The Pope is not a theological referee in a crisis of this kind. Rather, mindful of apostolic responsibilities proper and special to him, aware of the requirements in conscience of his unique teaching office in the Church (as a matter of faith) and in the world (as a matter of history), Pope Paul has heard all sides and now speaks not as a teacher among many teachers but as the supreme teacher, under God, of the flock committed to him in Peter by Christ.

It is difficult to see how the Pope could have spoken on the central issue of direct artificial contraception other than he did. The pretense that he would or should speak otherwise, especially any such pretense on the part of responsible theologians, has frequently been cruel to Pope Paul as a person and callous, often brutally so, to the conscientious, hard-pressed, decent Christians whom some writers have seemed intent on aligning into pressure groups for the embarrassment of their Father in Christ.

Pope recalls fact that sin exists

The attack on the Holy Father will be manifold. It will be said that he has failed to conform to the spirit and insights of the world in which we are privileged to live; Sacred Scripture, from Isaiah and Osee to St. Paul, will comfort him and confirm his conscience on this point. It will be said that history will judge harshly his effort to witness to truth and to serve humanity; a good defense can already be made against that facile argument, but, in any case, it is not the judgment of history that Paul must either fear or face.

Most painful to him, and most shameful on the part of his critics, will be the suggestion that he has loftily branded millions of his own flock, Catholics trapped in the mentality and the practice of contraception, as mortally sinful. He has, of course, done no such thing. Only God judges who, among the weak, the frustrated, the confused, the desperate, are sinners and who, in varying degrees and for a variety of reasons, may be diminished in their moral guilt.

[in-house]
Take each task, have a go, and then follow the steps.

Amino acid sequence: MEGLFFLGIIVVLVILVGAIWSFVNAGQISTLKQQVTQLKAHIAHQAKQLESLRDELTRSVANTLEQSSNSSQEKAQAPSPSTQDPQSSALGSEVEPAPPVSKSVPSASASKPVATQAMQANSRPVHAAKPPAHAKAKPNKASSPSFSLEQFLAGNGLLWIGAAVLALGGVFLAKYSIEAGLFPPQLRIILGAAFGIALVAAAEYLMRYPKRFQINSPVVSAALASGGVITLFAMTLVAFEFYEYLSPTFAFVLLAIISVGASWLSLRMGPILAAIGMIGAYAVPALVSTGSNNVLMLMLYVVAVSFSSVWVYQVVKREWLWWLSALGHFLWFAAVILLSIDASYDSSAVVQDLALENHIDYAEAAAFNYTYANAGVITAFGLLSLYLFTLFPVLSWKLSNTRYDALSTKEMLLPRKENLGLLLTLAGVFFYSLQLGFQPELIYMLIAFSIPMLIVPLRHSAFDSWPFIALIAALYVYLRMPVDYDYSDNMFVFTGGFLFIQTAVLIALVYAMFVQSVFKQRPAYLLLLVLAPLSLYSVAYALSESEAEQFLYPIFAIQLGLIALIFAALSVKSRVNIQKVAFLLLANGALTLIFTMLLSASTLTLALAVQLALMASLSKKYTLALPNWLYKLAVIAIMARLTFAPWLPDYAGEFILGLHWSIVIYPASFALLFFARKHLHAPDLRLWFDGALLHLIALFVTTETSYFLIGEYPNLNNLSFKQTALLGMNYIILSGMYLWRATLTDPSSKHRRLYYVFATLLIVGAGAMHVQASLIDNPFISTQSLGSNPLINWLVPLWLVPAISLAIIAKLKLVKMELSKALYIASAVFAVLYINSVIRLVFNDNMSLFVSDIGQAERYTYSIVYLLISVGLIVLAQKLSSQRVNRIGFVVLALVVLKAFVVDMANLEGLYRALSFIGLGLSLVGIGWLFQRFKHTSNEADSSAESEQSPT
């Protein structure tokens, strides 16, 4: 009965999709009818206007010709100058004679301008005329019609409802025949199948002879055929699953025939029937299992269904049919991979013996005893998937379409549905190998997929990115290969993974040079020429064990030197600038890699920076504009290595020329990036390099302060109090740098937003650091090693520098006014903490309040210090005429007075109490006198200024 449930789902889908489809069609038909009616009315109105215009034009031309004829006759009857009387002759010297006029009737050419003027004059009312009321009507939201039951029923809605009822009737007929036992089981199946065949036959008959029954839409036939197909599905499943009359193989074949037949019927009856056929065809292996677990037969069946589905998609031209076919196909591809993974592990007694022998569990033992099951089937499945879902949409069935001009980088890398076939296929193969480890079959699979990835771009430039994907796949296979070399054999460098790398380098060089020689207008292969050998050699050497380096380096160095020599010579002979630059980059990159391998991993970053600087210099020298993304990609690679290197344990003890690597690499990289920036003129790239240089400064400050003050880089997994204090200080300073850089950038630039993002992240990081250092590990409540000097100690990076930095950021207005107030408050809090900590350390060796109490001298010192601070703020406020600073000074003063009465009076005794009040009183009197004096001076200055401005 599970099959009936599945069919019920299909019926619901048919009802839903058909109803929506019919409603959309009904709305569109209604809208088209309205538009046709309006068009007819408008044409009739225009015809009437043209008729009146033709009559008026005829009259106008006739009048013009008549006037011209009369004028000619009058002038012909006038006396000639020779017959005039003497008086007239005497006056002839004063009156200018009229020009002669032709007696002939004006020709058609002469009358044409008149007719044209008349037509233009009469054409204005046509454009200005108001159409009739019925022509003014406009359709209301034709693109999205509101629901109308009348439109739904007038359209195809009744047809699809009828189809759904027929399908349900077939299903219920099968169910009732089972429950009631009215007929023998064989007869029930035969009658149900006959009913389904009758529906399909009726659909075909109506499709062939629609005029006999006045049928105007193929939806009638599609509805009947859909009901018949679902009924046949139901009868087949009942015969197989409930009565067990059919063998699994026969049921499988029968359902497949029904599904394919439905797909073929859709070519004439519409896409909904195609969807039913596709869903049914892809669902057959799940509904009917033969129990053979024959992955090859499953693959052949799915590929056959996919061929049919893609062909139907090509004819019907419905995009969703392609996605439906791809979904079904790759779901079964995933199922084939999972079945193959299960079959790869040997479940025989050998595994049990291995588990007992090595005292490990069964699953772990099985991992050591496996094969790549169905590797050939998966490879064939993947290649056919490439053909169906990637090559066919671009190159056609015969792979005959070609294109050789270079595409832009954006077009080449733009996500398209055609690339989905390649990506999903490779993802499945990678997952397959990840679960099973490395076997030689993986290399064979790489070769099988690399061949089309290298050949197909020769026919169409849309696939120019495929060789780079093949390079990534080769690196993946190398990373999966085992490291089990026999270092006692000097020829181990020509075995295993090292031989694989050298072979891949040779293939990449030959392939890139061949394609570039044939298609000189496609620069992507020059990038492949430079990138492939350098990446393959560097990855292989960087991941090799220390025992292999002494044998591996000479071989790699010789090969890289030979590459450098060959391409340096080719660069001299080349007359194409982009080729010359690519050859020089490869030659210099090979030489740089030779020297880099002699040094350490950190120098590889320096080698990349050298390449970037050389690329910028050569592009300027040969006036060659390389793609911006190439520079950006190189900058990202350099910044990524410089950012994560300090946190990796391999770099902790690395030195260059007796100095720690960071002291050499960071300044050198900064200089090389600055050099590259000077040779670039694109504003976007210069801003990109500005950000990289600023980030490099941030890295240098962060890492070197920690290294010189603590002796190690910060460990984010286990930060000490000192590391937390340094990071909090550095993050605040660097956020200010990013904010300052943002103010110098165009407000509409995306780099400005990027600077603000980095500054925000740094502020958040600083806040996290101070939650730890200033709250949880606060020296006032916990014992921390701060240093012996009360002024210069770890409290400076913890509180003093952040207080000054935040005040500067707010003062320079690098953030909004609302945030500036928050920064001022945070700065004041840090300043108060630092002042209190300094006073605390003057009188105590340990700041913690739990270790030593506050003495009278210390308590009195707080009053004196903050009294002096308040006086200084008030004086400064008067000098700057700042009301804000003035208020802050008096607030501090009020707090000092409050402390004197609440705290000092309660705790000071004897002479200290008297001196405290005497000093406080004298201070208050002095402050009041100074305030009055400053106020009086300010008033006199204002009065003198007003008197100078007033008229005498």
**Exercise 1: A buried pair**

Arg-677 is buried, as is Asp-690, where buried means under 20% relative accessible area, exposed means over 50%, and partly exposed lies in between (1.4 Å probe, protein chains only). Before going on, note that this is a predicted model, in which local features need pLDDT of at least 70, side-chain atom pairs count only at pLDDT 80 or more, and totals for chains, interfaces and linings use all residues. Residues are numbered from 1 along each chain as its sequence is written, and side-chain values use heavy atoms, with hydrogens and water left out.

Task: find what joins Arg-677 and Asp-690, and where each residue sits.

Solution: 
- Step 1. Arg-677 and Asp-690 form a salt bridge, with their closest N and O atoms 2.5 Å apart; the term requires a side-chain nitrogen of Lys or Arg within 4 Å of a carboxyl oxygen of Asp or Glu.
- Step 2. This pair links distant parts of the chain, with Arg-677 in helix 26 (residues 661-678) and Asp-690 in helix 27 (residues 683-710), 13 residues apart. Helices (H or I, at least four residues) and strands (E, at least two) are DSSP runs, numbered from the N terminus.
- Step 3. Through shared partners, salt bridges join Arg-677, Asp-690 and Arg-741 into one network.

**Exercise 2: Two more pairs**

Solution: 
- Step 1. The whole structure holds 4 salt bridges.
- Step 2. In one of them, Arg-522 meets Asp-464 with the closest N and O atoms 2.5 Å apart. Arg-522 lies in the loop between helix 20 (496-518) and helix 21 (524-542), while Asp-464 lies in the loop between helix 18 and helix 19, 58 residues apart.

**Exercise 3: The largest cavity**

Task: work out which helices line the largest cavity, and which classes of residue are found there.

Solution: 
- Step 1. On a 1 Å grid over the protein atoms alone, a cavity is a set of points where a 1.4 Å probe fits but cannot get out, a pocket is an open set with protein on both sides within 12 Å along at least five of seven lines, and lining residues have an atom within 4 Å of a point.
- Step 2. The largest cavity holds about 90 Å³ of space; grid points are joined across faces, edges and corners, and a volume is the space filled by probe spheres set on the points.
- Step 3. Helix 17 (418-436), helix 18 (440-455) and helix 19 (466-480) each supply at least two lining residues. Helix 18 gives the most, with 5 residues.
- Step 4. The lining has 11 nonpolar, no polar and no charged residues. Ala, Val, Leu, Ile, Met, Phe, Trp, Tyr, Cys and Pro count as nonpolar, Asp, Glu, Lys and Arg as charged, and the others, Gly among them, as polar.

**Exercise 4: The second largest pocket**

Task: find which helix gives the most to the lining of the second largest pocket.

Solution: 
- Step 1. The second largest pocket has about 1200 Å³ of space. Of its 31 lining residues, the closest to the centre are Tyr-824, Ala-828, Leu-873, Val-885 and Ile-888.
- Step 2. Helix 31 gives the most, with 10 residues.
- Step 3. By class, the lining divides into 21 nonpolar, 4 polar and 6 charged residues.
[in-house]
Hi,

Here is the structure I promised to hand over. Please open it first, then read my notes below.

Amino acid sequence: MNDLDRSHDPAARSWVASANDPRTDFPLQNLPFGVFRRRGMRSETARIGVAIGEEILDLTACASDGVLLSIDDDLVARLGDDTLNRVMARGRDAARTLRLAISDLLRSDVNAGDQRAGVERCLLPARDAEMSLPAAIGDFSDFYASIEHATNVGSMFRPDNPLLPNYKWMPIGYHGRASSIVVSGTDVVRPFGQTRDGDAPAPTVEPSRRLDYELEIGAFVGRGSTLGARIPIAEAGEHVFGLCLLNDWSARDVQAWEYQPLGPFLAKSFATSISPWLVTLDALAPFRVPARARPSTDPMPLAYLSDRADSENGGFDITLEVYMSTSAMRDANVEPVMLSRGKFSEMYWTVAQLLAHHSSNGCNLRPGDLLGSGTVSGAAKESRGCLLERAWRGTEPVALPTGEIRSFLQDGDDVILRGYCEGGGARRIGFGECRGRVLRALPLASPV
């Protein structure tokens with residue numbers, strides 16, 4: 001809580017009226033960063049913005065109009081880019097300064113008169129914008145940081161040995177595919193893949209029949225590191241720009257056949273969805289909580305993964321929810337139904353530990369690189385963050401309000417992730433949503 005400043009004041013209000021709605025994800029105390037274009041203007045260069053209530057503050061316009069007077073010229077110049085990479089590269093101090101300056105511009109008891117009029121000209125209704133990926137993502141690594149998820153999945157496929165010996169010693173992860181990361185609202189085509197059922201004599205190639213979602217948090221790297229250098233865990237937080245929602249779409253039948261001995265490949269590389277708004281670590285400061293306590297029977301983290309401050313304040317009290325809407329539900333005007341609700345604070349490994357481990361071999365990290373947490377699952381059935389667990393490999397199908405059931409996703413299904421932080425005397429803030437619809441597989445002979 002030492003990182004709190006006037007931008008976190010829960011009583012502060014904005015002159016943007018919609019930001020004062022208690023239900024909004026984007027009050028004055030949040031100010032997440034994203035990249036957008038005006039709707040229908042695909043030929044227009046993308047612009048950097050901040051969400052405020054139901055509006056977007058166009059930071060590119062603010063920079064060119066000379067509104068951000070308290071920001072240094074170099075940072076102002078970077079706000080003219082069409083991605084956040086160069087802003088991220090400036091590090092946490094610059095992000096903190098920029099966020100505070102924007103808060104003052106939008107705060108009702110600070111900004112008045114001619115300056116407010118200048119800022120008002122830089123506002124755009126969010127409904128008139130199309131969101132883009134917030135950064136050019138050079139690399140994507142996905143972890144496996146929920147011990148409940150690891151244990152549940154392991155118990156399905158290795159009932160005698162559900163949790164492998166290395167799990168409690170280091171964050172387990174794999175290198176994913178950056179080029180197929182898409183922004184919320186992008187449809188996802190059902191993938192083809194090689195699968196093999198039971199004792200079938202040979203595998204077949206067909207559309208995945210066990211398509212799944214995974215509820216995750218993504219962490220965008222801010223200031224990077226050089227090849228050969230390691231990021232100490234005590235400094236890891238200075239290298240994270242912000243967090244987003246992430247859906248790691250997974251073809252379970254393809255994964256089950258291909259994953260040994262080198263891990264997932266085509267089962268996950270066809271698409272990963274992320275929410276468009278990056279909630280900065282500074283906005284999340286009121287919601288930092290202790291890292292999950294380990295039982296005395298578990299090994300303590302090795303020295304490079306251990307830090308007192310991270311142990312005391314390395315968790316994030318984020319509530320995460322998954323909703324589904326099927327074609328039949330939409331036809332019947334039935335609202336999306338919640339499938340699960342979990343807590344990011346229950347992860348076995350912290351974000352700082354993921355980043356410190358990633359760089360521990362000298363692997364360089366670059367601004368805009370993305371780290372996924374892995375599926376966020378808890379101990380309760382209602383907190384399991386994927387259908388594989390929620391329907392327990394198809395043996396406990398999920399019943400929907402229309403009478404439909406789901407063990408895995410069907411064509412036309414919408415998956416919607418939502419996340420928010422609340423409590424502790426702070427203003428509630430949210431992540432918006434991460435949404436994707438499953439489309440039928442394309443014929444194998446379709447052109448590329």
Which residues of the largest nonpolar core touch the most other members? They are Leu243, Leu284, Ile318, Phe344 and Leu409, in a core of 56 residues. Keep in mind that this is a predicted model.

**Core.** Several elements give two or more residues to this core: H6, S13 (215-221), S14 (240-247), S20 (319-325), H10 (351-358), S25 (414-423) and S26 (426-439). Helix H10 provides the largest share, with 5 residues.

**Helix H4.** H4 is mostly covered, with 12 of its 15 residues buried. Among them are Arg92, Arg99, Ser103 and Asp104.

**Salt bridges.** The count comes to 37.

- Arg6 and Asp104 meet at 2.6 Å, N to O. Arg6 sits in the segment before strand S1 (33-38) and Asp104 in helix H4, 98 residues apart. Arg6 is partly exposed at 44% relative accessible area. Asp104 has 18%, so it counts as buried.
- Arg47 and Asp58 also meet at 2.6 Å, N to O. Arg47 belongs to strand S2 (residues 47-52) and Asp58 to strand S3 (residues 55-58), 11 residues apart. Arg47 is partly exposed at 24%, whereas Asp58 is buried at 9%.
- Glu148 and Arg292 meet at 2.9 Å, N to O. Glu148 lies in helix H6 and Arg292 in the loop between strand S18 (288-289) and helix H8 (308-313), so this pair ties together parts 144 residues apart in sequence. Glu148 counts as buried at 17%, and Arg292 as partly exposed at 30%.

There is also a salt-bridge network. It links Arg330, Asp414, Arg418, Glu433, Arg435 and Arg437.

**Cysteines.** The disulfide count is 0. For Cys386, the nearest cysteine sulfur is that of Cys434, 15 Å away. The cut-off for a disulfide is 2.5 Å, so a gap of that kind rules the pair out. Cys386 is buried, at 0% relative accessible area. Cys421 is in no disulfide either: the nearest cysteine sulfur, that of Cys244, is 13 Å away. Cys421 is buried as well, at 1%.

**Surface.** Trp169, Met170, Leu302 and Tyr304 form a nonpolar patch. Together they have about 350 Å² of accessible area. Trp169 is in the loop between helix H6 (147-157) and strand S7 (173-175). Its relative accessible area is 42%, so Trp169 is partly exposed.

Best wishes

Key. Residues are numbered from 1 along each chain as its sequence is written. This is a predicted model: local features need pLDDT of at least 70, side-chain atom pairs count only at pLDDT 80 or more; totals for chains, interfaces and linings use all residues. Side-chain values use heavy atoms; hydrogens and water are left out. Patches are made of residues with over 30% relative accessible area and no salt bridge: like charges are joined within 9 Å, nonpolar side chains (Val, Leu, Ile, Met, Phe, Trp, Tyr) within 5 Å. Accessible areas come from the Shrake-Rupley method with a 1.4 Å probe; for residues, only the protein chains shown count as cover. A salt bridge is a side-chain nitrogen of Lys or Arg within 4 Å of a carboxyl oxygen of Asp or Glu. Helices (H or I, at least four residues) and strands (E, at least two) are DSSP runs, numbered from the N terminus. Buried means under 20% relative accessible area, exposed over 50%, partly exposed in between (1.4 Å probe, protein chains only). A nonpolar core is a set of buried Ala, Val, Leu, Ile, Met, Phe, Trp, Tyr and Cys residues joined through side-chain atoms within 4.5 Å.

What Pope Paul has done, what he had to do, is recall to a generation that does not like the word the fact that sin exists; that artificial contraception is objectively sinful; that those who impose it, foster it, counsel it, whether they be governments, experts, or—God forgive them!—spiritual directors, impose, foster and counsel objective sin—just as they would if they taught racism, hatred, fraud, injustice or impiety. The Holy Father has pointed out what is, in fact, sinful, not who is, alas, a sinner. This is what Christianity always requires us to do, nothing more and nothing less. The Church denounces errors, not persons; it exposes false ideas rather than presumes to judge individuals or name names. The Pope has done his duty bravely and clearly, with prophetic service of human civilization and pastoral fidelity to divine faith. He has left to priests of truly pastoral spirit the patient but honest guidance of individual souls enmeshed in the problems which arise around the universal objective truth of the Church's moral teaching; this guidance confessors must give with tender sympathy for human weakness (it is also their own) and loving zeal for souls, but without violation of God's will and the teaching of His Church.

Defender of life and love

How could Pope Paul have done or said other than he did? He has resisted the compulsions of the statistics, the economic determinism and the political absolutism of an age of computers and conformism destructive of the person. He has defended life and love against political controls and the selfishness ultimately destructive of both. With apostolic integrity he has braved the sneers of the cynical and the honest dissent of those who do not share his faith concerning the divine origins and eternal purposes of life and of love. Pope Paul, even as every Catholic Christian, must do everything humanly possible and divinely permitted to realize the hopes of humanity and to alleviate the woes of the world, beginning with the material poverty that inhibits the transmission of life and the cultural poverty that hampers the enjoyment of love. But he cannot call light darkness or darkness light, what is false true, what is evil good. This was forbidden him in so many words, when he was consecrated a bishop, an authentic teacher in the Church, long before he acquired the awesome obligations which are his as Chief Shepherd of Christ's flock.

God console, preserve, protect and strengthen him—and all the faithful.


Bishop of Pittsburgh

Taken from:
L'Osservatore Romano
Weekly Edition in English
22 August 1968, page 3